At the end of the day, will there be zero free Internet service providers left standing? No, there will be NetZero (NZRO) , insists Mark Goldston, CEO of the only pure-play free ISP on the market.
All the same, now that
has announced it's
shutting down its free ISP, Goldston is having a tougher time convincing Wall Street of his company's long-term viability.
NetZero's stock closed unchanged at $1.06 Wednesday; the company's shares traded as high as $40 earlier this year.
Well Of Course He Does
The simple issue circling around NetZero is whether the company can overcome the cost of providing free Internet access to Americans by selling advertising those users see and getting a slice of the money they spend online. And AltaVista is the last in a long line of companies that have found that the answer is no, not long after its parent CMGI announced it was also shedding its free ISP provider
, which provided free access to users of
Juno Online Services
, NetZero's only publicly traded rival, is trying to entice its free ISP subscribers to pay for service. Its stock fell 41 cents, or 21%, to $1.53 Wednesday.)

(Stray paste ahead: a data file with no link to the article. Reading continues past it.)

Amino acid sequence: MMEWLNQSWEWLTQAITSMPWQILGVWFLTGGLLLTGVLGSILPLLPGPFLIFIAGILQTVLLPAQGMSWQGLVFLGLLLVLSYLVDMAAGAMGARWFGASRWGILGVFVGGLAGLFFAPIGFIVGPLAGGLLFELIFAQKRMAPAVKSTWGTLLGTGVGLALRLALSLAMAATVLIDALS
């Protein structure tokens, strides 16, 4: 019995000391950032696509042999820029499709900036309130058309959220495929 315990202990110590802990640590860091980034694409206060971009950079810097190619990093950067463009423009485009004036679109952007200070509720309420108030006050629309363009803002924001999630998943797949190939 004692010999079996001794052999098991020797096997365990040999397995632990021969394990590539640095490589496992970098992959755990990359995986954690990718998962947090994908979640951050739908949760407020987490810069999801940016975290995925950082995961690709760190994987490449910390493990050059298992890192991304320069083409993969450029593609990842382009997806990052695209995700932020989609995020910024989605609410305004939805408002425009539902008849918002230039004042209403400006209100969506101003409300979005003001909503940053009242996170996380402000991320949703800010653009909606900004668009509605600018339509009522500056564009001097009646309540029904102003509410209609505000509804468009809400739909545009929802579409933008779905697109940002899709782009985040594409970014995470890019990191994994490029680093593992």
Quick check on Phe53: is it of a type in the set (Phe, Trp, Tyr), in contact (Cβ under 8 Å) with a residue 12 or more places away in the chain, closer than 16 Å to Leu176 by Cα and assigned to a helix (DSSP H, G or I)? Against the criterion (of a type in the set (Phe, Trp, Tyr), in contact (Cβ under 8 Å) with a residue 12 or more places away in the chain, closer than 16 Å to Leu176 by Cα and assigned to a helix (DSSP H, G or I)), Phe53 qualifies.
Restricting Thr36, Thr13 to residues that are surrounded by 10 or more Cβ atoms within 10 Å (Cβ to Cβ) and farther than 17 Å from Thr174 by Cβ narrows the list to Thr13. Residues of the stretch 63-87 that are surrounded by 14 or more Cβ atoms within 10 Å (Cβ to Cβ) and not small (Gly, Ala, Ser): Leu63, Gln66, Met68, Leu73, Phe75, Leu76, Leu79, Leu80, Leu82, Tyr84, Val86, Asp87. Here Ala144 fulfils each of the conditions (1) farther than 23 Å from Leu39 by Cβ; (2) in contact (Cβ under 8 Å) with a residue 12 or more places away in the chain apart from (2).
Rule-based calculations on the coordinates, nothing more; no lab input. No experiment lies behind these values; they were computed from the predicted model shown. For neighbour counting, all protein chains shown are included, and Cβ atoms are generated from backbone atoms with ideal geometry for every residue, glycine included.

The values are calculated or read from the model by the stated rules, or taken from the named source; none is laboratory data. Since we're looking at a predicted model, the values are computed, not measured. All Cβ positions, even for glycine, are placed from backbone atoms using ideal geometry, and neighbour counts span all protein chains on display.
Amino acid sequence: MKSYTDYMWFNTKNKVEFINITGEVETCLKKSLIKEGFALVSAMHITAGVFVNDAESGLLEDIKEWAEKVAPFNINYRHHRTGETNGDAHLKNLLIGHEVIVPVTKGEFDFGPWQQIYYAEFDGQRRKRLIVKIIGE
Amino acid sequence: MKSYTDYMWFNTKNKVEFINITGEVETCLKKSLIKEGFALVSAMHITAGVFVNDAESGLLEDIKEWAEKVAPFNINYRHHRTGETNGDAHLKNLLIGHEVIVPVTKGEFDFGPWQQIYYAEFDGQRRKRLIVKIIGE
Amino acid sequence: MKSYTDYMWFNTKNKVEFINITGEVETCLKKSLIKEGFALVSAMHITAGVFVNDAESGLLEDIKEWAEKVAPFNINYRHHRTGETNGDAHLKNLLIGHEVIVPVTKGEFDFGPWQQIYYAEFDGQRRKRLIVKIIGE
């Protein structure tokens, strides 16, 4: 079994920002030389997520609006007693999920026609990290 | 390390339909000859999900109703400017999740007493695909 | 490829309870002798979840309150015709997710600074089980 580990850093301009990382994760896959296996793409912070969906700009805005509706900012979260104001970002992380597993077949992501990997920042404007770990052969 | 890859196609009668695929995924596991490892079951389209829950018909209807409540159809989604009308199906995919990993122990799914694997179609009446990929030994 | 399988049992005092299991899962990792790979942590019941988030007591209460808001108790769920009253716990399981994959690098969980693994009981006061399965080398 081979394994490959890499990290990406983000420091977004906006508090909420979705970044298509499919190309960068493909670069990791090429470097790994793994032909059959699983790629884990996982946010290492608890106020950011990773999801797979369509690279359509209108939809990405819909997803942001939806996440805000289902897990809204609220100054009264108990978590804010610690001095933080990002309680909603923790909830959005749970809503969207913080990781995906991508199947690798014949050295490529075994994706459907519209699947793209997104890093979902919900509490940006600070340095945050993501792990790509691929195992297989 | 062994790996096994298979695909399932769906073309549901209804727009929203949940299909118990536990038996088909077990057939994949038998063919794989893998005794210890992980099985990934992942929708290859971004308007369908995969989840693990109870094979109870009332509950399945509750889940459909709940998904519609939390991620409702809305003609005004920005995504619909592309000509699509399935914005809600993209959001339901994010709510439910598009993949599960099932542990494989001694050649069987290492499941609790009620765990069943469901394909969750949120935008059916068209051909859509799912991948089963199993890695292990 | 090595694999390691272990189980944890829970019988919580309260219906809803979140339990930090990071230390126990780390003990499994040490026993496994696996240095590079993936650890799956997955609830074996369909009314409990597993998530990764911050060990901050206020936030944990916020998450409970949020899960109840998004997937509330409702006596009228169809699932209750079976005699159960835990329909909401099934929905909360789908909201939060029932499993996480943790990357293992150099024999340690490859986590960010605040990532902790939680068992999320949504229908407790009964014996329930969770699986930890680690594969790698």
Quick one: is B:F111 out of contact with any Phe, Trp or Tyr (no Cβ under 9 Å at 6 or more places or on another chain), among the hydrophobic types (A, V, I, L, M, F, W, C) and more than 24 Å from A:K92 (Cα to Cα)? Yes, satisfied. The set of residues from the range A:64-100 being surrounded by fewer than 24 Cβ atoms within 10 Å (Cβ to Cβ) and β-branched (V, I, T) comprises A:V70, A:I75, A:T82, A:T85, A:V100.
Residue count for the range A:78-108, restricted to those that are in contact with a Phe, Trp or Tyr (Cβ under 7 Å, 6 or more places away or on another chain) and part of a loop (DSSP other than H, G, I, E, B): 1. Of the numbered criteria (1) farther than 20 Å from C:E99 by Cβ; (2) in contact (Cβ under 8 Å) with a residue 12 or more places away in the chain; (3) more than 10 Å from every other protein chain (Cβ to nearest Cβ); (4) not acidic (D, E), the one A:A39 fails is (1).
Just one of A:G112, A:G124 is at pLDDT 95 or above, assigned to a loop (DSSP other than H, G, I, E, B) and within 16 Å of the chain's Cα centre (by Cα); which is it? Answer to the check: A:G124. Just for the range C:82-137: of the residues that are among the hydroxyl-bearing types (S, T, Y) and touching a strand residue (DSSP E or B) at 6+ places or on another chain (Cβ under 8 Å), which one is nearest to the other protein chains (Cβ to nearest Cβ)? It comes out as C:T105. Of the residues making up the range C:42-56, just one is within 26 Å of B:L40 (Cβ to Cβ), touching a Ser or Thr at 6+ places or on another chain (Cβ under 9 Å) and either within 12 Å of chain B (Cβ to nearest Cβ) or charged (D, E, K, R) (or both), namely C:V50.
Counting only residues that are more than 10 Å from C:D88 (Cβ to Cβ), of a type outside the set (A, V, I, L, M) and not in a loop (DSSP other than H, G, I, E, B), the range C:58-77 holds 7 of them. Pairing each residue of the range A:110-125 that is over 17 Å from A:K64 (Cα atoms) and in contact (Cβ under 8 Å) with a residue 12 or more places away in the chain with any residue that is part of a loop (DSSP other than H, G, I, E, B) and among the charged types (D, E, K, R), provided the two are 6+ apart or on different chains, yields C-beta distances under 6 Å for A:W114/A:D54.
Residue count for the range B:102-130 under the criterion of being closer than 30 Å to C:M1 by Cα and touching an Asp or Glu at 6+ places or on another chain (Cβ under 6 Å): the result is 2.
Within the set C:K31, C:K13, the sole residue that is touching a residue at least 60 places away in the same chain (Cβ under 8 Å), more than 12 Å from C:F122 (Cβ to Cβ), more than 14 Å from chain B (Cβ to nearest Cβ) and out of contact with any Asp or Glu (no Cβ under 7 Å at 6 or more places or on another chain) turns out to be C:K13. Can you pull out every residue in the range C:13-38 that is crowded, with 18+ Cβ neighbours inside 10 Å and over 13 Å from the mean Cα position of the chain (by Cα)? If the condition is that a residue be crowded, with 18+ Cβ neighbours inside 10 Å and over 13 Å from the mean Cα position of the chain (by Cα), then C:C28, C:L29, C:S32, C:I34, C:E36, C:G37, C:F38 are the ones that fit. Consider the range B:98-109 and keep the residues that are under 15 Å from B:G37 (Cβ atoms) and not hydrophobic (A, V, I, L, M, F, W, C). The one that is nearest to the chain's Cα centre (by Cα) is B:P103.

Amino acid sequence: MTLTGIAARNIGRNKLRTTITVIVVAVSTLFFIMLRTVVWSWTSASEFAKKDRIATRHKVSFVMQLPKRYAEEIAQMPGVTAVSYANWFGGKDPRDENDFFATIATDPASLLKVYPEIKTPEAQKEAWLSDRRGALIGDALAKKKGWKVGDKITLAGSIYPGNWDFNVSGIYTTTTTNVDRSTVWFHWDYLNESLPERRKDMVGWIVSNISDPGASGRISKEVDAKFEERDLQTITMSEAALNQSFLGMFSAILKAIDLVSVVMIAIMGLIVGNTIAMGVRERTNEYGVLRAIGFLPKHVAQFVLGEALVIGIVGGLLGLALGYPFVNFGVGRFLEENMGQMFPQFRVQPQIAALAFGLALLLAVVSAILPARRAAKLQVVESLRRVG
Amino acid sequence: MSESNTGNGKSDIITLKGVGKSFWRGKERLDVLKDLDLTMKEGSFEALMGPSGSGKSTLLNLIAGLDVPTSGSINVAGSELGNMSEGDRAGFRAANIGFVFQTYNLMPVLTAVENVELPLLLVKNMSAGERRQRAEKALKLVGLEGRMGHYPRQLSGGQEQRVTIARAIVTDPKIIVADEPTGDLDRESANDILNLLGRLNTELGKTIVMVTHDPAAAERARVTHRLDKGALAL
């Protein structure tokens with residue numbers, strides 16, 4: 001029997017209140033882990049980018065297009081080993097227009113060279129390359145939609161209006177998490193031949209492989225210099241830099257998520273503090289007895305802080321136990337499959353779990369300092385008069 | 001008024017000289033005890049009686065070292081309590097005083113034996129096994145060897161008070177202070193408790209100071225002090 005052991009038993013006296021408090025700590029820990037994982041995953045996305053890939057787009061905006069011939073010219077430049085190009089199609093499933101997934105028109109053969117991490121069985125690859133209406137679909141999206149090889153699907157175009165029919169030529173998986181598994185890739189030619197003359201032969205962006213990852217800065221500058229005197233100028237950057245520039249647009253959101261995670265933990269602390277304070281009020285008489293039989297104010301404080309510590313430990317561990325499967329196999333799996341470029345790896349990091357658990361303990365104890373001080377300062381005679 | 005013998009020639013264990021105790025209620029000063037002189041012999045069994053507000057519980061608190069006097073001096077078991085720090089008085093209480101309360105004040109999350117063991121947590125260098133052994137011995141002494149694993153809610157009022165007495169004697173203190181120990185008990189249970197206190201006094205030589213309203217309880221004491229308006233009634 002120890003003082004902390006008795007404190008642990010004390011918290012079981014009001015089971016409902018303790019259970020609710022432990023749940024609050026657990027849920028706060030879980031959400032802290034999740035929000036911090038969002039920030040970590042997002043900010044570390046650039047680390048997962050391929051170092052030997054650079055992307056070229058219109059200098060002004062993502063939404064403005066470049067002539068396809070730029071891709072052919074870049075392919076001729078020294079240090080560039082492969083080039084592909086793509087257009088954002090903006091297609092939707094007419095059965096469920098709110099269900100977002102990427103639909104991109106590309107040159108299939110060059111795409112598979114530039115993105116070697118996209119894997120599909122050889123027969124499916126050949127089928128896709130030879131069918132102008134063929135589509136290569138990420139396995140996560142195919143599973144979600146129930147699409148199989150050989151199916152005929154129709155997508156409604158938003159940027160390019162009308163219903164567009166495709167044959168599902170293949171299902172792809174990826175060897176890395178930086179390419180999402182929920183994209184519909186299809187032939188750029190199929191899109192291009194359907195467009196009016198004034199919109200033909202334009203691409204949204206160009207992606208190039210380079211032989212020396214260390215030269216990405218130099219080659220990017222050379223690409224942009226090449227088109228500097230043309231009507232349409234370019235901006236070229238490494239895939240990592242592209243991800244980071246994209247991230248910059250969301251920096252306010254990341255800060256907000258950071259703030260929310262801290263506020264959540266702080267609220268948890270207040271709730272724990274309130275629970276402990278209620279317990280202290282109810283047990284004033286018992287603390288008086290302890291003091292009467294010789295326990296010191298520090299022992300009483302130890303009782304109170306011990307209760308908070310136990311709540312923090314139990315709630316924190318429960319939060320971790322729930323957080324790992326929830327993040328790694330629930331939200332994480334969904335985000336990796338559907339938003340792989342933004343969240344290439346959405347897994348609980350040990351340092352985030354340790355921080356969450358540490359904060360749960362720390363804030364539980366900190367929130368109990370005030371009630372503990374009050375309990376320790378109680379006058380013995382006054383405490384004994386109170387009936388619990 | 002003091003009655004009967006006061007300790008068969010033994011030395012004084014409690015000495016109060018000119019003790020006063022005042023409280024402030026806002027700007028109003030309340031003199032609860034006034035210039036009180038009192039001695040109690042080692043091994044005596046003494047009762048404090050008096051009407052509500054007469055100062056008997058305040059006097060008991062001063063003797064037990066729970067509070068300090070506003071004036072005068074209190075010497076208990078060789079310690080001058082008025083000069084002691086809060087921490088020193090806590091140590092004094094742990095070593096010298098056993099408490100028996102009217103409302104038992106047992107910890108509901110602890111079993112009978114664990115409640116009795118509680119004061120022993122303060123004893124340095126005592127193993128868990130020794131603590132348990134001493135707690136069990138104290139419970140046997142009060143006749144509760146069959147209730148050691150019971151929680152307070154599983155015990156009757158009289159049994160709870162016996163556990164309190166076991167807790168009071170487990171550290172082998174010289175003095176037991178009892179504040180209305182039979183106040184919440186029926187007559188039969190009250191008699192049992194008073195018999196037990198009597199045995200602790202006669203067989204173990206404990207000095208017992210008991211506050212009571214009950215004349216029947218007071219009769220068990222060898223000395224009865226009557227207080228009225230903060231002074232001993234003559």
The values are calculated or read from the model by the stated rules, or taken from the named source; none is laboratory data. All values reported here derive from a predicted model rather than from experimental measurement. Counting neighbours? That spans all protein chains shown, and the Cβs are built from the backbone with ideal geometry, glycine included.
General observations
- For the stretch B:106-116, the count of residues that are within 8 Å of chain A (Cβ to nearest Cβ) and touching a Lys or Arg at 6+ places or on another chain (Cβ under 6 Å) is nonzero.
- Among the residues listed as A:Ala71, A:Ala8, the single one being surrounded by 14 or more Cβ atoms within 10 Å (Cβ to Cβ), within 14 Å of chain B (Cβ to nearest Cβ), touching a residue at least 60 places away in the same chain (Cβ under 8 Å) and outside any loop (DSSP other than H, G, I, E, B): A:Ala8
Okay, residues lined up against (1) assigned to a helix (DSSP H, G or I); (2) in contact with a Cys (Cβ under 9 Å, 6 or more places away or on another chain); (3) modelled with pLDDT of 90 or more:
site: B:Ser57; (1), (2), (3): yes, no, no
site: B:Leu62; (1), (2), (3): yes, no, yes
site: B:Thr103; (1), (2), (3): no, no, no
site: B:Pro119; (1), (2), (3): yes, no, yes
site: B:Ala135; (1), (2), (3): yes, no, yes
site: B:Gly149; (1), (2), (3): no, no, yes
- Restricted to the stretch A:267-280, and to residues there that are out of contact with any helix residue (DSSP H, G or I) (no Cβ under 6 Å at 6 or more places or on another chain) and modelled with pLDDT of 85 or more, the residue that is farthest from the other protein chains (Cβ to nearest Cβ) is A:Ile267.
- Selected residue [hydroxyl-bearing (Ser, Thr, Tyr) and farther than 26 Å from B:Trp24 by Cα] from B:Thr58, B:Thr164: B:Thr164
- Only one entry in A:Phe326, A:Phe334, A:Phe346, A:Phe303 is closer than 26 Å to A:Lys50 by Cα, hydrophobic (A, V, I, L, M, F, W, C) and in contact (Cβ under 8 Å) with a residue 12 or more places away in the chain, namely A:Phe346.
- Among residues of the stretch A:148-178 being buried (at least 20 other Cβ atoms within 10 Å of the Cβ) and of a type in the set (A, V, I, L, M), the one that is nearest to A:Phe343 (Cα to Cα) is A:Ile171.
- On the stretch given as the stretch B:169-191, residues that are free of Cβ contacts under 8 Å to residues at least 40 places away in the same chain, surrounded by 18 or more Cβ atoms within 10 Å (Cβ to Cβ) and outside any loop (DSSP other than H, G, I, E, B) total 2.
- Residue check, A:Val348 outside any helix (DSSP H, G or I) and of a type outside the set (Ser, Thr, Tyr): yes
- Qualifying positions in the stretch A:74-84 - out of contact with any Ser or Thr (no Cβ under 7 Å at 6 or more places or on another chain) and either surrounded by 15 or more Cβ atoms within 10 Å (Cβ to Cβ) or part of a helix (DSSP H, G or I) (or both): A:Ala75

Going to NetZero?
Though all free ISPs might look the same from a distance, Goldston insists his company is different enough to keep going as others fail. Spinway and 1stUp.com, Goldston says, had similarly bad models in that, as private-label free providers, they lost too much revenue in their partnerships with the companies that put their own brands on the service. "They basically gave up the start page for free," he says. "They were running a commodity business where they owned all the cost and gave up a majority of the revenue."
I'm Still Standing
By offering service under the NetZero brand, "We keep all the revenues from the start page, we keep all the revenues from all our products," says Goldston. For the fiscal first quarter ended Sept. 30, NetZero reported revenue of $16.5 million, a net loss of $28.9 million and negative cash flow from operations of $19.4 million.
The current economic client doesn't spell doom, the CEO says: "It's a weak ad market, but it's not a locked-up ad market." NetZero, he says, will be "the last man standing."
The market isn't agreeing, unfortunately. The company has more than $200 million in cash, but NetZero's market cap is less than $135 million. "Our stock today is ridiculous," Goldston says. Investors "are not even valuing all the cash. It's just irrational."
Because of the cash that Juno and NetZero have on hand, they'll be able to last for "quite a while," says Youssef Squali, Internet analyst at
. But he's not optimistic about the fundamental business. "The free Internet access model is going away," Squali says. He rates the stock neutral; his firm hasn't done underwriting.